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Urban politics, conspiracy and reform in Nampula, Mozambique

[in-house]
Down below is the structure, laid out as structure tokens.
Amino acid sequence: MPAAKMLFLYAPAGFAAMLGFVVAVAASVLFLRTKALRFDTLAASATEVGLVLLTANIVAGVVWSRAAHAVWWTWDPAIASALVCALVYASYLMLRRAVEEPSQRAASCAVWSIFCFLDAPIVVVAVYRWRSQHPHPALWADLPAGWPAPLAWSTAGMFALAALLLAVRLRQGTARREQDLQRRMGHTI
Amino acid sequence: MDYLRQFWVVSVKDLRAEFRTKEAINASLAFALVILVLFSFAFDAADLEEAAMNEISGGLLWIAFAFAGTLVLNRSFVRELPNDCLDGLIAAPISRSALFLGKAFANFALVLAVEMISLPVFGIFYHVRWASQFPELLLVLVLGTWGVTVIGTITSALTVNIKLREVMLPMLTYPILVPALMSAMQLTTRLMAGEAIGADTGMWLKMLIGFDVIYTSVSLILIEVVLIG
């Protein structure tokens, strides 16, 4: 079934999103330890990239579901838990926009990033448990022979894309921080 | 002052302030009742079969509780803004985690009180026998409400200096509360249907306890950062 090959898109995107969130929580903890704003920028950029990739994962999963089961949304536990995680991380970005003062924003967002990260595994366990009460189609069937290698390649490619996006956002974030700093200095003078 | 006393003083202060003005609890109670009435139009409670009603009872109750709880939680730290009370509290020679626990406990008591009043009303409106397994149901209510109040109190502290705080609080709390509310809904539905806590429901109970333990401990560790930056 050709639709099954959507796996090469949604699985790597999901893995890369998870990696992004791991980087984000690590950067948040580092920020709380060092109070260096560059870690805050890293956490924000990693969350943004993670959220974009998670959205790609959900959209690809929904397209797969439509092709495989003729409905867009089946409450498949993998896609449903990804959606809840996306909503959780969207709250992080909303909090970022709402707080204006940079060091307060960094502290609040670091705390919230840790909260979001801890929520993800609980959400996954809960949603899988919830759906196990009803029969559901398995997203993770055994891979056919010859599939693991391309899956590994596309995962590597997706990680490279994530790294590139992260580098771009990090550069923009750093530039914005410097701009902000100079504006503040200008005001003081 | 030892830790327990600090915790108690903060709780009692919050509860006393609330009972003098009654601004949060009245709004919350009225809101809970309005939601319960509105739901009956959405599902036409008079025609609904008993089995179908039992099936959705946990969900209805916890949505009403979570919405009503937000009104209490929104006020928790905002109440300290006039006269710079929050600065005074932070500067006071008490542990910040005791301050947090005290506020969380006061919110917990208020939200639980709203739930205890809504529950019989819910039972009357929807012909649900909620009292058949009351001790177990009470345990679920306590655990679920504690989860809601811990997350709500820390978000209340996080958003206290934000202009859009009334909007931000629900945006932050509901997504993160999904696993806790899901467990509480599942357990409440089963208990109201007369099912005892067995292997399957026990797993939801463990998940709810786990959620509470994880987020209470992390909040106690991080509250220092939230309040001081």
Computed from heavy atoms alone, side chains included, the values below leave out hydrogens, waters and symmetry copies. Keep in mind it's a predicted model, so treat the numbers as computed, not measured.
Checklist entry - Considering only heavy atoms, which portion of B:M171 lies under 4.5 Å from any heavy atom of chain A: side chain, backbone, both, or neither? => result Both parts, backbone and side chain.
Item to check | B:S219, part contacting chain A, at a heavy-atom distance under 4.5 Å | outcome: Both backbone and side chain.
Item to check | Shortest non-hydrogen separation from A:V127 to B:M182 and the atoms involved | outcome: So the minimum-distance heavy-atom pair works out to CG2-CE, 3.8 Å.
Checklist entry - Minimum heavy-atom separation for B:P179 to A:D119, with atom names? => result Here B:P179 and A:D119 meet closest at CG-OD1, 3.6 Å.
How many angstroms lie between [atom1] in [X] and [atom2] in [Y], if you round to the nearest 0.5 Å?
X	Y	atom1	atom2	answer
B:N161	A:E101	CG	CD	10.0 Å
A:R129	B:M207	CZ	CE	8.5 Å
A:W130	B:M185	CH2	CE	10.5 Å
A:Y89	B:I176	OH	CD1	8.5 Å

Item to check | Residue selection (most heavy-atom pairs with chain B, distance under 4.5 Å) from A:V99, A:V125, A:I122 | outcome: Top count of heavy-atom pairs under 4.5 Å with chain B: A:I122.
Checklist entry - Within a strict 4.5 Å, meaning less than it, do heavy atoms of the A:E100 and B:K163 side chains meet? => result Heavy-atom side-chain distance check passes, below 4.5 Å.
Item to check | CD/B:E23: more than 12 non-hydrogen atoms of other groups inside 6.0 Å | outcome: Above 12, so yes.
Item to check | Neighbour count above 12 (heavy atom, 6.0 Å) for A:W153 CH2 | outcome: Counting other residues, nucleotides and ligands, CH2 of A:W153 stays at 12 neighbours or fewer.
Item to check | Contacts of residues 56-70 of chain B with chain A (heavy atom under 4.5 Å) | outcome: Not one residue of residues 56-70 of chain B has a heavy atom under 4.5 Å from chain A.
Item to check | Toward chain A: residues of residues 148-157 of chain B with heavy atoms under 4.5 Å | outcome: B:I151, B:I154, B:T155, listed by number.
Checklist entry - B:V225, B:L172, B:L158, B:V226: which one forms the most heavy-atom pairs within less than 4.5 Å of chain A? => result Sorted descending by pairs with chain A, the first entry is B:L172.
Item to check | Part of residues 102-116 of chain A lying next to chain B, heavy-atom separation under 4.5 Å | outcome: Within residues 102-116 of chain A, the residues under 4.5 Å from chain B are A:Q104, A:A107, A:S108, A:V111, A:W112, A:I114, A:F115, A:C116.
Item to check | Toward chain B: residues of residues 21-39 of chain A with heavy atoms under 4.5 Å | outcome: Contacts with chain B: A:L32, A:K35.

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This paper presents an anthropological analysis of urban politics in post-reform Mozambique. The author canvassed local opinion on an organ-trafficking scandal which took place in Nampula city in 2003. He challenges the anthropological argument that high levels of belief in the occult signify a 'people's critique' of neo-liberalism, suggesting instead that this argument more accurately reflects the fears of the rich than the poor. Rather than dismantling the existing political structures that major international donors and institutions have viewed as 'pathological', neo-liberal reforms in Mozambique have revitalised the power of the party state and increased dependence of certain groups on the ruling party. External actors must recognise that outside resources intended to reward neo-liberal reforms may not reflect gains in 'good governance' and 'transparency', but rather reinforce the status and influence of the regime. This research underscores the fact that neo-liberal reforms cannot be viewed as a unified set of changes and can often produce problematic and unintended consequences. Further attention must be paid to the historical continuity of events that accompany wider processes of neo-liberal reform.

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